To create the ICP1-overexpressing E. histolytica cell line (ICP1+/+), a full-length E. histolytica ICP1 gene was amplified by PCR from cDNA using sense and antisense oligonucleotides containing appropriate restriction sites (underlined) at the 5′-end: icp1 5′-aatcccgggATGTCATTAACTGAAGATAATAACAACACAAC-3′ (SmaI); and 5′-gggctcgagTTACTGGACATTAACTTTTAAAGTAAAAG-3′ (XhoI). The PCR-amplified DNA fragments were digested and ligated into the same restriction sites of the overexpression vector, pKT-MG. This vector allows for the expression of a gene of interest as a N-terminal fusion with GFP. The plasmids were introduced into E. histolytica HM-1:IMSS trophozoites by liposome-mediated transfection as previously described [22], and stable transformants were cultured in medium containing 8 μg/mL G418 (for ICP1+/+ and pKT-MG as a vector control).

Cultivation of E. histolytica trophozoites and preparation of secretory products

Trophozoites of the E. histolytica virulent HM-1:IMSS strain, the avirulent E. histolytica Rahman strain, and the hypo-CP strain ICP1+/+ were grown at 37 °C in TYI-S-33 medium as described previously [10]. After cultivation for 48–72 h, logarithmic growth phase trophozoites were harvested by incubation on ice for 10 min, followed by centrifugation at 1000 rpm at 4 °C for 5 min. To collect SPs, trophozoites from the various strains were incubated in Hanks’ balanced salt solution (GIBCO Laboratories, Grand Island, NY, USA) for 2 h at 37 °C at a final concentration of 1 × 107 amoebae per mL. The viability of Entamoeba trophozoites after incubation in Hank’s balanced salt solution was 99% as determined by the trypan blue exclusion assay. Protein concentration was measured by the BCA protein assay using bovine serum albumin as a standard.

Measurement of cell viability and cell death

HMC-1 cell viability and cell death were measured by trypan blue and annexin V/propidium iodide (PI) double staining, respectively. HMC-1 cells (5 × 105 cells/sample) stimulated with SPs were incubated for 2 h at 37 °C in a humidified CO2 incubator (5% CO2 and 95% air). After incubation, the reaction was stopped by brief centrifugation, and the cells were washed with cold PBS twice and stained with FITC-conjugated annex in V and 1 μg/mL PI. Flow cytometric analysis was performed with a FACScan on at least 10,000 cells from the host cell fraction.

Measurement of exocytosis in HMC-1 cells or BMMCs

To elucidate the exocytosis of HMC-1 cells or BMMCs induced by the SPs, HMC-1 cells or BMMCs (5 × 105 cells/sample) were incubated with SP (30 or 100 μg/mL) for 2 h, or platelet-activating factor (PAF) (5 μM) for 1 h or phorbol 12-myristate 13-acetate (PMA) for 2 h. For positive control, BMMCs were treated with monoclonal anti-DNP IgE (250 ng/mL) for 4 h, and then the cells were challenged with DNP-HSA (250 ng/mL) for 1 h to trigger mast cell degranulation. After incubation, the cells were washed twice with washing buffer (0.1% sodium azide and 1% FBS in PBS) and stained with PE-conjugated anti-human or anti-mouse CD63. PE-conjugated anti-mouse IgG1 or anti-rat IgG2a was used as an isotype control. A flow cytometric analysis was performed using a FACScan on at least 10,000 cells from each sample.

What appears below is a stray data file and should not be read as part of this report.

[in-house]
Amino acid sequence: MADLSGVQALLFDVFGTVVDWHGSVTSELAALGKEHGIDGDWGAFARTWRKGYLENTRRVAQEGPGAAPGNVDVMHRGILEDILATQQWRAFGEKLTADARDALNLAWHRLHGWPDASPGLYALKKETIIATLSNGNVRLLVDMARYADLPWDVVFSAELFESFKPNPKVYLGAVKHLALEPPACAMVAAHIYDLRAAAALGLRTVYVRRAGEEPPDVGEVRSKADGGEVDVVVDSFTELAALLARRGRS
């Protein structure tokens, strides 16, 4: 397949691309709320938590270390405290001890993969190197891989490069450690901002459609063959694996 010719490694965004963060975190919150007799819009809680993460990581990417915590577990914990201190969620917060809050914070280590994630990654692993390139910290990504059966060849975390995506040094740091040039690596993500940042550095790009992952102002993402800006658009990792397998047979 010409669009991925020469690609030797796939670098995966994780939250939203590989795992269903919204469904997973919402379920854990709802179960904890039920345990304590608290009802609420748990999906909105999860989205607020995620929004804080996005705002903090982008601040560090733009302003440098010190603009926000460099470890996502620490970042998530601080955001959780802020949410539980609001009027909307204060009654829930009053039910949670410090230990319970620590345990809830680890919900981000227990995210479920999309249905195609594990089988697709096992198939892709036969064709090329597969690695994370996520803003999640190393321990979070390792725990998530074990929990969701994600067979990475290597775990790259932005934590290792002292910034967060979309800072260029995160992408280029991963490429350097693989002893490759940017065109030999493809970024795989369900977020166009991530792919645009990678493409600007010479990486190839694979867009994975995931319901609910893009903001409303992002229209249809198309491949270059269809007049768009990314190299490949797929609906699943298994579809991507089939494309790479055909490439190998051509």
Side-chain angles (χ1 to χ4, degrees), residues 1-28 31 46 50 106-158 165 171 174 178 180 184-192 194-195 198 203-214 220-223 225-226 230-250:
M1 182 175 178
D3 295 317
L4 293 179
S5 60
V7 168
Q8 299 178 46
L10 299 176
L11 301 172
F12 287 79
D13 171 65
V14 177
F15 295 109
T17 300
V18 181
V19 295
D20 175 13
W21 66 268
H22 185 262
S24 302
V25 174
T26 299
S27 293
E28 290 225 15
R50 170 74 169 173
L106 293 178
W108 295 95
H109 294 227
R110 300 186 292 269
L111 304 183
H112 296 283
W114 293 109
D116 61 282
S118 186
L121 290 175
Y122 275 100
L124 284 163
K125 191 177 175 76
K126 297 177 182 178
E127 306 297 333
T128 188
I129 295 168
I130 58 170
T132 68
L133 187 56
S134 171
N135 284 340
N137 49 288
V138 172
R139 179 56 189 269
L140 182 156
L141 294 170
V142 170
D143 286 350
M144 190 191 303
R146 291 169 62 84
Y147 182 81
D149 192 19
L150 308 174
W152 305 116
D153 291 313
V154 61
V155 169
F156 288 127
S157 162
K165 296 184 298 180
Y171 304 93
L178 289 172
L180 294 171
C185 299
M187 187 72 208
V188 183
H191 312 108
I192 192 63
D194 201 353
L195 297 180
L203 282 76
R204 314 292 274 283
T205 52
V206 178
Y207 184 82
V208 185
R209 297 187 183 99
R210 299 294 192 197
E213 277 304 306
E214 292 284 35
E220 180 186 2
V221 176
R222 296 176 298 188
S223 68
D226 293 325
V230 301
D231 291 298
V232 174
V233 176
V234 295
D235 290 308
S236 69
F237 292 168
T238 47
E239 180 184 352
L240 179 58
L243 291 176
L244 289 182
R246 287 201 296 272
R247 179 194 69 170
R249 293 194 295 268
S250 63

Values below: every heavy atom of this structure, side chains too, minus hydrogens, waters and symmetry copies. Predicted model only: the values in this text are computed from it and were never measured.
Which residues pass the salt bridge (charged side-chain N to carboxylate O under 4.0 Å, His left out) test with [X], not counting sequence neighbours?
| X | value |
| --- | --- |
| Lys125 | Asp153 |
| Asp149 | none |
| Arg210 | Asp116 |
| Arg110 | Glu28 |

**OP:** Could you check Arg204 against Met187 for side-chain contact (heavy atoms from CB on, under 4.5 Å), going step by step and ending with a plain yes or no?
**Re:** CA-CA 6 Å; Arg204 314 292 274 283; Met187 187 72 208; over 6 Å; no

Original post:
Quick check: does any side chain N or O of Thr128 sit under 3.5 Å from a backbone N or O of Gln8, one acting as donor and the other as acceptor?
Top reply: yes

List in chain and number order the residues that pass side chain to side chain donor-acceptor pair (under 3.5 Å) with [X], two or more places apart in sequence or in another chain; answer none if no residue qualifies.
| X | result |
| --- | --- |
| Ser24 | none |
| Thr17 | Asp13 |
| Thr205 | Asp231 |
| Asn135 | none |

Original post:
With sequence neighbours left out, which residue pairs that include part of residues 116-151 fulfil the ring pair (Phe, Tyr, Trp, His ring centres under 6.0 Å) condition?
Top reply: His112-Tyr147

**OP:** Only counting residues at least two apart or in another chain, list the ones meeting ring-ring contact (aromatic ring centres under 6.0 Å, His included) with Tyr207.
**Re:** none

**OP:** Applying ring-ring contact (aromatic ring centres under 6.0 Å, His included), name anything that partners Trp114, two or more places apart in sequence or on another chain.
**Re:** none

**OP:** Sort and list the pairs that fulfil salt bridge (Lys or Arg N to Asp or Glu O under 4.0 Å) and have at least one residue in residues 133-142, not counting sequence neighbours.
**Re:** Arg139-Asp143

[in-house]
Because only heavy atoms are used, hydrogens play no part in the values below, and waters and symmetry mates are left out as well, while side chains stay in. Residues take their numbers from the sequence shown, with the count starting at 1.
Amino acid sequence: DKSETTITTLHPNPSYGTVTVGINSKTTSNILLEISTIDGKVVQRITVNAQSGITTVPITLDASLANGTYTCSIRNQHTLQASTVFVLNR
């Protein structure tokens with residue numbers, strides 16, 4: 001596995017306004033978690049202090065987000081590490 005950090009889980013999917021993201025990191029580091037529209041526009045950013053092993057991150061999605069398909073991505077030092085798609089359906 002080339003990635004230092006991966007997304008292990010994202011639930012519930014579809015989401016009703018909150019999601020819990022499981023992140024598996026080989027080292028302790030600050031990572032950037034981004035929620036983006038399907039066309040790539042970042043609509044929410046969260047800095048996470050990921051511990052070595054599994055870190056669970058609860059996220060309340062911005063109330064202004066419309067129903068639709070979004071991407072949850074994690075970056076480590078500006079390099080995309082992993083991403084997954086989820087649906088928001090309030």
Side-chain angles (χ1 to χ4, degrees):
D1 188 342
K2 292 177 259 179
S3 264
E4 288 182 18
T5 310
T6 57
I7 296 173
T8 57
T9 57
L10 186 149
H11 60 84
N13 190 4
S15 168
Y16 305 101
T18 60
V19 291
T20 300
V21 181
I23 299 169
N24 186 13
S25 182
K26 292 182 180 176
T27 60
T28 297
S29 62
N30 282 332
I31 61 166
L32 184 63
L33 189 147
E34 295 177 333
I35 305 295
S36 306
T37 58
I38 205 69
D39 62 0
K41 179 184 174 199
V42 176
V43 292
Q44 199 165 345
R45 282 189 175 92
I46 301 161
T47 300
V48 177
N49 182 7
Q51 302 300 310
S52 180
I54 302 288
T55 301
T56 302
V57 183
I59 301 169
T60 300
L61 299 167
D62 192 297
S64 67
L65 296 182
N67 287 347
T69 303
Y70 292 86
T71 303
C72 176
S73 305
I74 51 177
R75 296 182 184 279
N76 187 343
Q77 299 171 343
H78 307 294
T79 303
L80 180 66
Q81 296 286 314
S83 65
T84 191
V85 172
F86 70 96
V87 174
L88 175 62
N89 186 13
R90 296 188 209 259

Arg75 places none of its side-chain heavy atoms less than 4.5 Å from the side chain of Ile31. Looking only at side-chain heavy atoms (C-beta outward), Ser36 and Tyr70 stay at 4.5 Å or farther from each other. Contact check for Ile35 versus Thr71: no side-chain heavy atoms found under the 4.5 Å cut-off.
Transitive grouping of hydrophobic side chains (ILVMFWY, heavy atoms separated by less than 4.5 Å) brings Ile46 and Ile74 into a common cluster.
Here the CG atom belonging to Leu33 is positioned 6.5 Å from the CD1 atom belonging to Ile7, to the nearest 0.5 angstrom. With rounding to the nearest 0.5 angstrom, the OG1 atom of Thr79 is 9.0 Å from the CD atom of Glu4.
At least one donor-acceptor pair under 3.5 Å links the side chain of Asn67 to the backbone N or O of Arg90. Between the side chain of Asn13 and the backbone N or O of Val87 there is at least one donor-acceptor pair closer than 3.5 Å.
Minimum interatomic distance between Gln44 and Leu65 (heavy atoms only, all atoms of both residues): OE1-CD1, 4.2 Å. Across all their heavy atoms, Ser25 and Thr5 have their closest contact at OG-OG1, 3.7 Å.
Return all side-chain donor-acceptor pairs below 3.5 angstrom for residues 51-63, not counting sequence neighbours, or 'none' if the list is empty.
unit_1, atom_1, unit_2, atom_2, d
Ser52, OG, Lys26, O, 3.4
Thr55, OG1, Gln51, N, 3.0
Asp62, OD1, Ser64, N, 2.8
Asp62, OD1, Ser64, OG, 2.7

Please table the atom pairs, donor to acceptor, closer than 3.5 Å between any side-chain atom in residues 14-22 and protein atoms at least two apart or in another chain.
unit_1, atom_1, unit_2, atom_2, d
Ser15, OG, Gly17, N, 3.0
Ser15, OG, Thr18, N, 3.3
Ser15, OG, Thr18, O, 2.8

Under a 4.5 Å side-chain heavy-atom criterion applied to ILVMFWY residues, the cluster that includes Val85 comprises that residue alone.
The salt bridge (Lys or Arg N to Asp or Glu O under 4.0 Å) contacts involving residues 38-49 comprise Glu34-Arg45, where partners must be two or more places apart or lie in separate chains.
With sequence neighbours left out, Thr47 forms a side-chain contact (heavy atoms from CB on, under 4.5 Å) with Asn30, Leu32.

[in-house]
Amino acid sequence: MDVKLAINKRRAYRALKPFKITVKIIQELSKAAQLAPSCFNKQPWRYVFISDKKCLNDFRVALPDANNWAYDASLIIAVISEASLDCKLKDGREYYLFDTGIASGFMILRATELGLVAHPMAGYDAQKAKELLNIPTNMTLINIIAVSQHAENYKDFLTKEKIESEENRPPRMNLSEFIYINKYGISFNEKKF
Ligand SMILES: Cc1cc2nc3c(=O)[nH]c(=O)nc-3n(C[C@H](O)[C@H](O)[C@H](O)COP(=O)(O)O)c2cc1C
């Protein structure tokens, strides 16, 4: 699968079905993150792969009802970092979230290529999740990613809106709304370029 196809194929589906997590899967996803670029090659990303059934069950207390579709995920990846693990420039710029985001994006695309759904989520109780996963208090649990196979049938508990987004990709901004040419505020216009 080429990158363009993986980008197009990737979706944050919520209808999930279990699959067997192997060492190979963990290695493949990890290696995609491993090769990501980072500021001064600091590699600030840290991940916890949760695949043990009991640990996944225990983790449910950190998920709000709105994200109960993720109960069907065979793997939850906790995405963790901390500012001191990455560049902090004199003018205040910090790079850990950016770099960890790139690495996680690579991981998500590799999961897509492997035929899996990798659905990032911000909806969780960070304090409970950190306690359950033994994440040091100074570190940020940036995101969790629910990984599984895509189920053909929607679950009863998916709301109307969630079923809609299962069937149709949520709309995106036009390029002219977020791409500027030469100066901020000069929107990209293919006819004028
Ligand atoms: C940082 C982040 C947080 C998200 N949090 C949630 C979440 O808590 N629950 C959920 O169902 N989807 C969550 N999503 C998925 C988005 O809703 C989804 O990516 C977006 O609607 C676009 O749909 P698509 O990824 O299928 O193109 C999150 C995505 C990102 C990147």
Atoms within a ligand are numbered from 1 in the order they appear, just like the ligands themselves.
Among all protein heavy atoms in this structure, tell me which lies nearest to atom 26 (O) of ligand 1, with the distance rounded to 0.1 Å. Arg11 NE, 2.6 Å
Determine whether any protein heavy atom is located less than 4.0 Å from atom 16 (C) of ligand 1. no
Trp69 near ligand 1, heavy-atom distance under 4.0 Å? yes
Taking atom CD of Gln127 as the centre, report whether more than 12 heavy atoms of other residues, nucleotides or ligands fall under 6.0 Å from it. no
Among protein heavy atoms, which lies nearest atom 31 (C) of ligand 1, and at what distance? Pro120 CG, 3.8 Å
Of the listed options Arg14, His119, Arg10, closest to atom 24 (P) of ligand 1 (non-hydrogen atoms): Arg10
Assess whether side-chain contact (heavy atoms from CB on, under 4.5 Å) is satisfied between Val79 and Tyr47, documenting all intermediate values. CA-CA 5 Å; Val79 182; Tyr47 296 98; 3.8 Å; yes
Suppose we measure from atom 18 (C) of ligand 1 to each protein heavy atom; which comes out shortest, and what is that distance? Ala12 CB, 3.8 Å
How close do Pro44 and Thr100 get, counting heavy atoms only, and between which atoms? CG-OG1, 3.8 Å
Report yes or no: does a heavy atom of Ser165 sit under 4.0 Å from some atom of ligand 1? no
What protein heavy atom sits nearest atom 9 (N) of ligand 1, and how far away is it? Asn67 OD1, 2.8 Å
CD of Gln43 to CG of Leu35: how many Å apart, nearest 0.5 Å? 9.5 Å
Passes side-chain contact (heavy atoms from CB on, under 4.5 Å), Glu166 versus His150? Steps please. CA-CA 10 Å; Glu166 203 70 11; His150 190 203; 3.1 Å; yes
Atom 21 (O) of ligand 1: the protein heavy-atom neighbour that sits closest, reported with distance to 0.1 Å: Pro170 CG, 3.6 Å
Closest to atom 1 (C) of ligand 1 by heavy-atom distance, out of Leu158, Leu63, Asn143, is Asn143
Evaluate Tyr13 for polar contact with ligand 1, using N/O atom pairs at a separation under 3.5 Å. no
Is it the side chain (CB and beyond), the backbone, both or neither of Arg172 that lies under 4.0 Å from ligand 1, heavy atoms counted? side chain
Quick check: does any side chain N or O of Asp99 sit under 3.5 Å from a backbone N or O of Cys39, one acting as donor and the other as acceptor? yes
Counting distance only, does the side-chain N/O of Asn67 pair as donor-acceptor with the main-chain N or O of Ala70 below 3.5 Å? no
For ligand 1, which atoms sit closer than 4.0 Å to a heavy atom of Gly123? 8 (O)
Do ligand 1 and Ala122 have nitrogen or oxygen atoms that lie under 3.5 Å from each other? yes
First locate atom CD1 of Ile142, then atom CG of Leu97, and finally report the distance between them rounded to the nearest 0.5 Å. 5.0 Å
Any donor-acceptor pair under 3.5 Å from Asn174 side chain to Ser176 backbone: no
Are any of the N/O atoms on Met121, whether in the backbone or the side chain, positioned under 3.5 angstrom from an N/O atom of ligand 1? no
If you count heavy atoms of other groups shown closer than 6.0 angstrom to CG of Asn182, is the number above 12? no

Quantitative real-time PCR for IL-8 mRNA expression

HMC-1 cells (1 × 106/sample) were incubated with or without SPs for 30 min at 37 °C in a CO2 incubator. After incubation, total RNA was obtained from HMC-1 cells (1 × 106/sample) incubated with or without SPs using TRIzol reagent (Invitrogen Corporation, Carlsbad, CA, USA) and was reverse-transcribed using a ProSTAR first-strand RT-PCR kit (Stratagene, La Jolla, CA, USA). Obtained cDNA was amplified using a SYBR® Green PCR Master Mix. The primers used were as follows: human IL-8; 5′-TCT GCA GCT CTG TGT GAA GGT G-3′ and 5′-AAT TTC TGT GTT GGC GCA GTG-3′, human GAPDH; 5′-GAA GGT GAA GGT CGG AGT C-3′ and 5′-GAA GAT GGT GAT GGG ATT TC-3′. IL-8 gene expression was analyzed using the Applied Biosystems 7700 Sequence Detection System (Applied Biosystems, Foster City, CA, USA), according to the manufacturer’s instructions. The relative amount of mRNA for the genes of interest was determined by subtracting the threshold cycle (Ct) values for the gene from the Ct value for the internal control gene Glyceraldehyde-3-phosphate dehydrogenase (GAPDH) (ΔCt). Each measurement of a sample was performed in triplicate. The data represent IL-8 mRNA fold induction.

IL-8 ELISA

For measurement of IL-8 production, HMC-1 cells (5 × 105/well) were seeded in 24-well tissue culture plates and then directly incubated for the indicated times with or without native or modified SPs for 12 h at 37 °C in a CO2 incubator. After incubation, culture supernatants were collected from HMC-1 cells. To evaluate the involvement of PAR2 in SP-induced IL-8 production, HMC-1 cells (5 × 105/well) were preincubated with anti-PAR2 (10 μg/mL) or mouse IgG2a (10 μg/mL) for 30 min. After preincubation, the cells were incubated for the indicated times with or without native SPs for 12 h at 37 °C in a CO2 incubator. Then, culture supernatants were collected from HMC-1 cells, and the amount of IL-8 production was measured with a specific human IL-8 screening kit (Thermo Scientific, Waltham, MA, USA) according to the manufacturer’s instructions.